Lockouts now face disciplinary action
The Housing Department initially announced that it would restructure the lock out policy last fall but reported in January that it would defer the policy changes until September. The change would require students to pick up replacement keys from the Housing office instead of calling Public Safety officers to come to rooms.
The threat of disciplinary action, however, is new. According to a statement on the Housing Department website, “after the third lock out and each lock out thereafter students who are locked out of their room[s] will be recommended to the dean for further action.”
Housing director Andrew Kane said in an email that it was not yet known what disciplinary action students who were frequently locked out would face.
“We are working with the offices that support undergraduate and graduate students to set appropriate standards of response, so it is too soon to say what those responses may be,” Kane said. “We will communicate additional information to clarify this topic before the beginning of the next academic year.”
“Disciplinary action may be necessary, for example, if an individual’s actions have negatively affected the safety and security of others in the community,” Kane added.
According the Housing Department’s website, beginning in the fall all undergraduate and graduate students who are locked out of their rooms will be able to pick up a temporary key from the Housing office in the New South Building during business hours or call Public Safety at any time.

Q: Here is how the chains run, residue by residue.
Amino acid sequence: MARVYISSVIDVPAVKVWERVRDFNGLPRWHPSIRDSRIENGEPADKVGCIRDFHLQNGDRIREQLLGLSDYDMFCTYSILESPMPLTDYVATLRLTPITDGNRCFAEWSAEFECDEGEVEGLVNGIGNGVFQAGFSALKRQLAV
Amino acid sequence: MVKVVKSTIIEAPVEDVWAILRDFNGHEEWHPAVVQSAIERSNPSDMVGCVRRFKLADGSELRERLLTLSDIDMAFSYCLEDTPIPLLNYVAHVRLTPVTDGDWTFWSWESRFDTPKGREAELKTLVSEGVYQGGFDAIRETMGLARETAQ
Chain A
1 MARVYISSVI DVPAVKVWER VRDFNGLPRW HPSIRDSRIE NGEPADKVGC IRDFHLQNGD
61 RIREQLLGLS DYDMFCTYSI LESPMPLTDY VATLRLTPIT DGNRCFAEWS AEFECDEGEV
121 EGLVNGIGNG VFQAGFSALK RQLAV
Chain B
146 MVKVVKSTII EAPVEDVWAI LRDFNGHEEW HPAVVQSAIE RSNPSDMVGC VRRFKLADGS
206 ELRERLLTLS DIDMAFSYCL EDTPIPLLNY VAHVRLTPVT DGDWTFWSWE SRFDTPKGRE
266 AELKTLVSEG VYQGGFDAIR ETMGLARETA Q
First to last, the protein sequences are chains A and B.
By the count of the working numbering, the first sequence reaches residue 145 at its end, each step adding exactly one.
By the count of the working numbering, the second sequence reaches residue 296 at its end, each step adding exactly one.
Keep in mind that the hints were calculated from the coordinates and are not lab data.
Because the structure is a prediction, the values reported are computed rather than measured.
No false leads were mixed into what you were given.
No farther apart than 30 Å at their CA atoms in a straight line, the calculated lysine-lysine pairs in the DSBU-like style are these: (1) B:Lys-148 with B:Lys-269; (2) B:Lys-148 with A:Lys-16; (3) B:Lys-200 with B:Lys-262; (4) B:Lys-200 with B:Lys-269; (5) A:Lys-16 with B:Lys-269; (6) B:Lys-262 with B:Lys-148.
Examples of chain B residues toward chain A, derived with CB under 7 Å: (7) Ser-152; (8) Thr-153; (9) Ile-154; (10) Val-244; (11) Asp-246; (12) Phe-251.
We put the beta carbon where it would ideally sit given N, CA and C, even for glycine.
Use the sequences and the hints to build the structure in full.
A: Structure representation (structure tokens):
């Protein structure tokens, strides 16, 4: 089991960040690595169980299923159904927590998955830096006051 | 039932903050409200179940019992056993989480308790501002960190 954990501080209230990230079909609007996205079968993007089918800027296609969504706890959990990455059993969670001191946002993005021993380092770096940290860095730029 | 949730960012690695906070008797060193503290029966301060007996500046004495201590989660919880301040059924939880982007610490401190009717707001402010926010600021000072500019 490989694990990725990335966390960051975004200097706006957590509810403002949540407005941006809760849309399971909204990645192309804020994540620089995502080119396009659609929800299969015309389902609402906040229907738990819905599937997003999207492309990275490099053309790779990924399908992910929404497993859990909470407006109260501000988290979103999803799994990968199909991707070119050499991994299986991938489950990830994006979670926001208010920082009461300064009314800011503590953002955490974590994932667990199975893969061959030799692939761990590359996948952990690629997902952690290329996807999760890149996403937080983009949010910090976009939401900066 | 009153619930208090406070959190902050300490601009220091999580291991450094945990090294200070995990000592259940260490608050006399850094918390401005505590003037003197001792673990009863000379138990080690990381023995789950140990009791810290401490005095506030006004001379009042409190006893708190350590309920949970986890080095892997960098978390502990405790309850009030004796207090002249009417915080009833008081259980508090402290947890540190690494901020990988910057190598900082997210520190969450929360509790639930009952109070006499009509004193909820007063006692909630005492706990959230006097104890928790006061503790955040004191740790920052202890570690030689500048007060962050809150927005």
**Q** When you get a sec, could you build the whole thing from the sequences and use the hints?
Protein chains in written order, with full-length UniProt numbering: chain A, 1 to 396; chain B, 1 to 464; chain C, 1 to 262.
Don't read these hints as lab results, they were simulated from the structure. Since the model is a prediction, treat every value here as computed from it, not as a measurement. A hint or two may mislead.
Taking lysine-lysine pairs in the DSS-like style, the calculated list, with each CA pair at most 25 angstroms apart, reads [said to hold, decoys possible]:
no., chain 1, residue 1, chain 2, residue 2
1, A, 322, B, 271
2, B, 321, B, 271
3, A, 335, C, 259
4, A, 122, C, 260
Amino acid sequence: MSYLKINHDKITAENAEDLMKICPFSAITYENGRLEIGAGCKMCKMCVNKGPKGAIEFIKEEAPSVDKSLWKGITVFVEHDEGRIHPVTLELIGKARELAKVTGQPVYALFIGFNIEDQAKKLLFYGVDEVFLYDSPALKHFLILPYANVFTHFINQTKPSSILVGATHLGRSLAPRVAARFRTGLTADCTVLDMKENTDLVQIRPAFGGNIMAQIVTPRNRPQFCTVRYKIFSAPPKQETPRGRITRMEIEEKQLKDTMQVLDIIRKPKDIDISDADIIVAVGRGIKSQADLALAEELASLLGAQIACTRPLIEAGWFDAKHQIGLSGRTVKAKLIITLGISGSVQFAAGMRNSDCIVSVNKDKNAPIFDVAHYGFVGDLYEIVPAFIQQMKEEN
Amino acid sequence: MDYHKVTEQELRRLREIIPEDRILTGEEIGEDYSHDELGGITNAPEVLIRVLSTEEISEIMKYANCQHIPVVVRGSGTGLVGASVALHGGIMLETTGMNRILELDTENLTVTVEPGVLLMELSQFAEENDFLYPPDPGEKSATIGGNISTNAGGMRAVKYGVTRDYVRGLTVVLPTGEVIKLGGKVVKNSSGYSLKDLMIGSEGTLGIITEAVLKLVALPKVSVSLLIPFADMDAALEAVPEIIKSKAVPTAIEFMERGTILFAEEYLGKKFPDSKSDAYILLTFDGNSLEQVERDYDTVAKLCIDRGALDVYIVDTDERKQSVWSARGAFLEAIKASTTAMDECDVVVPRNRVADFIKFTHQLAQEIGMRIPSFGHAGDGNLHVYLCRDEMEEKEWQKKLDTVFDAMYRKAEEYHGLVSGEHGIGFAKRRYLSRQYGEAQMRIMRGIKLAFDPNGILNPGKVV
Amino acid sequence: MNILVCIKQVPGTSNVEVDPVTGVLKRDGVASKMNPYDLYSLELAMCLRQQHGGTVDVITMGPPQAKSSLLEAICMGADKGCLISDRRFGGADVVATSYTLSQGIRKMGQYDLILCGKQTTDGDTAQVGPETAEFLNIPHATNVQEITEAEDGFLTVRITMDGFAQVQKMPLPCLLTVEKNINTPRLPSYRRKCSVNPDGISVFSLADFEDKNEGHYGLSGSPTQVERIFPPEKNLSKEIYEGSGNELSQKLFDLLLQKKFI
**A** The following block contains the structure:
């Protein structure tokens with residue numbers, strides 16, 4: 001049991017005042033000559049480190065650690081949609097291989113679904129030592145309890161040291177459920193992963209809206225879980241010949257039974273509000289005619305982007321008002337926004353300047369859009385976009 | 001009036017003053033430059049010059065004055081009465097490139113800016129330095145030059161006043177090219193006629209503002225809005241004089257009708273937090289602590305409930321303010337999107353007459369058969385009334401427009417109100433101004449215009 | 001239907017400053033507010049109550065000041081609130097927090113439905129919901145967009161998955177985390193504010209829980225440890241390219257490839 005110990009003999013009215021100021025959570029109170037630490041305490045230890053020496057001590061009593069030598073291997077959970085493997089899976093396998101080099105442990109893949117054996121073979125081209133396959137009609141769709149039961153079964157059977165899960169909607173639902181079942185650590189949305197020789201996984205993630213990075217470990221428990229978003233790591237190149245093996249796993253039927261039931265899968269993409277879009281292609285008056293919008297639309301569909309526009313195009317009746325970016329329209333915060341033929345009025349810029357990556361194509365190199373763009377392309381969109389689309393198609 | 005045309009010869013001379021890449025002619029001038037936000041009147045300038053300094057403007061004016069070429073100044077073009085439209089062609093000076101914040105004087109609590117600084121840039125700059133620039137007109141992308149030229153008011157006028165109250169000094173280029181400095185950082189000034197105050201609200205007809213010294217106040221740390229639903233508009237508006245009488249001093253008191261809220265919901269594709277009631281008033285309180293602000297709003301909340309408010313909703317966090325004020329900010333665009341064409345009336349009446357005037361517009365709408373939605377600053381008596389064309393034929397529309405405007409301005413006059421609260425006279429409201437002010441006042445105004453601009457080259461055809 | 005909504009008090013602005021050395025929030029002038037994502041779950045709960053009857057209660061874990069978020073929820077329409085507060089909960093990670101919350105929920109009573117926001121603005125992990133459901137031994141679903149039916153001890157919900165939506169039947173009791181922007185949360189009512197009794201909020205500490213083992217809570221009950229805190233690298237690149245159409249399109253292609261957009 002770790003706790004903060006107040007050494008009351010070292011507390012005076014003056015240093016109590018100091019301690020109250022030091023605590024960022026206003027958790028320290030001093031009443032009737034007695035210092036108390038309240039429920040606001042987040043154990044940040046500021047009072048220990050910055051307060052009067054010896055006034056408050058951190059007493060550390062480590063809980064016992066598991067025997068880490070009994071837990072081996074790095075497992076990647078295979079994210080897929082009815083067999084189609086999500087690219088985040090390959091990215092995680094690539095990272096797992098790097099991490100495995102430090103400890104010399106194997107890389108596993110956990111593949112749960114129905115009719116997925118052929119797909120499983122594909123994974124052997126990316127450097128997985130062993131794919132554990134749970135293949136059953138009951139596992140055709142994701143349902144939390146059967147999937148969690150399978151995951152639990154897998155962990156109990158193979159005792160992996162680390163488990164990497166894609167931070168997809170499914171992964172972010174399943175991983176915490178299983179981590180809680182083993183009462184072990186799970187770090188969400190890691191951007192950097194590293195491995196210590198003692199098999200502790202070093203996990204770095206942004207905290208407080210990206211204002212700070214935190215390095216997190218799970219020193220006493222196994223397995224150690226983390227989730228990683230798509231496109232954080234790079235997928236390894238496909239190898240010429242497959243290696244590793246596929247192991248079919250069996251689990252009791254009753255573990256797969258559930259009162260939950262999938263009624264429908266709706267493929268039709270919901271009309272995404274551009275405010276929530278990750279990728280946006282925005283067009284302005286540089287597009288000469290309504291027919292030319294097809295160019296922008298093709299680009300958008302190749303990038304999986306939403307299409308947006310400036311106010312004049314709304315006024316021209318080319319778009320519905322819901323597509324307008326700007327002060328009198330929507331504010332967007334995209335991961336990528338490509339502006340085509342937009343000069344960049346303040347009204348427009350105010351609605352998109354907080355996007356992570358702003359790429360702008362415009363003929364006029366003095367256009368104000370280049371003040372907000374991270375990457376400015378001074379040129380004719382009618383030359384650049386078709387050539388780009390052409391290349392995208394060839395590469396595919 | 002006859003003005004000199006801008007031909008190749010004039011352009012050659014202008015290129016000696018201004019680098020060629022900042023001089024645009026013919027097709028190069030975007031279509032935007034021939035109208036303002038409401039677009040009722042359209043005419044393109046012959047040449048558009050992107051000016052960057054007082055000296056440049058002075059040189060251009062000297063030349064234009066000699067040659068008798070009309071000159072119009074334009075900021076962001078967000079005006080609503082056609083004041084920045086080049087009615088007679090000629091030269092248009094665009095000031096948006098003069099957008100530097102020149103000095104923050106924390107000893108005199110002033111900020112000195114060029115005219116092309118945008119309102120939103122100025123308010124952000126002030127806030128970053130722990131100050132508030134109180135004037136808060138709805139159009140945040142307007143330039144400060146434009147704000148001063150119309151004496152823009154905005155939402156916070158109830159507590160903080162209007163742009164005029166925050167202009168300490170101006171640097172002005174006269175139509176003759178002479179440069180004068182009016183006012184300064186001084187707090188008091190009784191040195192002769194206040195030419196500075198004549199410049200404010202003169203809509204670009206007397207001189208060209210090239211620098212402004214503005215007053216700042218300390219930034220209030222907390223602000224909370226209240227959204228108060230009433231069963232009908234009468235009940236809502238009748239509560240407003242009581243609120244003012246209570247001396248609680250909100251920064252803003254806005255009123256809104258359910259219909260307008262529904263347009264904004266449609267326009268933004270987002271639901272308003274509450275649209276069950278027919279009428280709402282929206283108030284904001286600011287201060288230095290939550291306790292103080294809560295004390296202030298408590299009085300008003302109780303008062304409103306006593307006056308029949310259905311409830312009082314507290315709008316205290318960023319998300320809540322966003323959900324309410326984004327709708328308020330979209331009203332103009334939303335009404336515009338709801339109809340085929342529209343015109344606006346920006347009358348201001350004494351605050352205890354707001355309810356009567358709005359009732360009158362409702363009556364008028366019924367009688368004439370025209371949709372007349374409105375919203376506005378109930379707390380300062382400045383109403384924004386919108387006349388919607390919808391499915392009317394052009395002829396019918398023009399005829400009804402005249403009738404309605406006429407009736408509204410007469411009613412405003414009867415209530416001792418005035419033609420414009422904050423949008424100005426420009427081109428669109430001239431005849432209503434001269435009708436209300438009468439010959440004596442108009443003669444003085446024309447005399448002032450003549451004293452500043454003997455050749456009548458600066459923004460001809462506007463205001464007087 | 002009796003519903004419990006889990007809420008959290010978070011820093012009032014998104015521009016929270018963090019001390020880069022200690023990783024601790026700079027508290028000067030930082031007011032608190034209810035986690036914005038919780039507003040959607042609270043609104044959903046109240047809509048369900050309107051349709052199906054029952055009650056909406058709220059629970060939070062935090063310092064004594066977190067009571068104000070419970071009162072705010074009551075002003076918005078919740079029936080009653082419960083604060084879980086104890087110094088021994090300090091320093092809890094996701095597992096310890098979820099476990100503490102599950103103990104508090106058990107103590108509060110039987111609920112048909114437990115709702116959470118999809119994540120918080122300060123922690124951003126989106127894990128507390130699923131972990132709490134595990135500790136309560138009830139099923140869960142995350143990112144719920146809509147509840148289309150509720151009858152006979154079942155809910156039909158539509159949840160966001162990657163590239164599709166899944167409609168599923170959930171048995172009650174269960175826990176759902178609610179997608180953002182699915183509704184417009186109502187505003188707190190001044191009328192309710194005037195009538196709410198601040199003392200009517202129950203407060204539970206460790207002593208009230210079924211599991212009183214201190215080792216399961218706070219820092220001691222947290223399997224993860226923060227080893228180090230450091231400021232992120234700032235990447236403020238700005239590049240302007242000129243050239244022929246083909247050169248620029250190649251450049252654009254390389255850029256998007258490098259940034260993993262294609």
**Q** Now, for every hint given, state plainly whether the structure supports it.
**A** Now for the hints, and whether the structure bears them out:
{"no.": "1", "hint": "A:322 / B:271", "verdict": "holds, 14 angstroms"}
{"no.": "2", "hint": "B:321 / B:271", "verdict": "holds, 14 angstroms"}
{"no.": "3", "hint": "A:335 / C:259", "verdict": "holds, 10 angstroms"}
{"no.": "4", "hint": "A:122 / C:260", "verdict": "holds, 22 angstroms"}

There will be no charge for the first three keys borrowed from Housing, but students will be fined $30 for borrowing a key more than three times or for calling Public Safety to be let into their rooms. Students will also be fined $75 if borrowed keys are not returned within 24 hours.
A grace period will be in effect from Aug. 15 to Sept. 30 of every year, as well as during fire drills.
Kane said the new policy, a collaboration between Housing and Public Safety, was an attempt to reduce the roughly 12,000 lock out reports that Public Safety receives each year.
“Responding to lock outs took about 30 minutes, which equated to 6,000 hours each year,” Kane said. “We wanted students to take responsibility for their keys and better deploy the resources of Public Safety by reducing the hours spent on responding to lock outs.”
Kane described fines as necessary to motivate students not to lose their keys, adding that money raised from fines would cover the “cost involved with administering the policy” and of responding to lock outs.
“With the previous policy, there was little incentive for students to be responsible with their keys,” Kane said. “By having students come to the Housing Office during the day to pick up a temporary key, we hope that students will have an incentive to bring their keys with them and be more responsible.”
“Also, it is anticipated that instituting a fee for lock outs will serve as an incentive for residents to remember their keys,” he added.
While Kane noted that students might disable their locks in order to avoid being locked out, he said he hoped students would not do so.
“It is a concern to both Public Safety and Housing that students may leave their doors unlocked or alter their locksets so doors do not latch fully,” he said. “Through community education and the installation of self-locking hardware, we are hopeful that this issue will be reduced.”
Public Safety director Paul Ominsky directed a request for comment to Kane.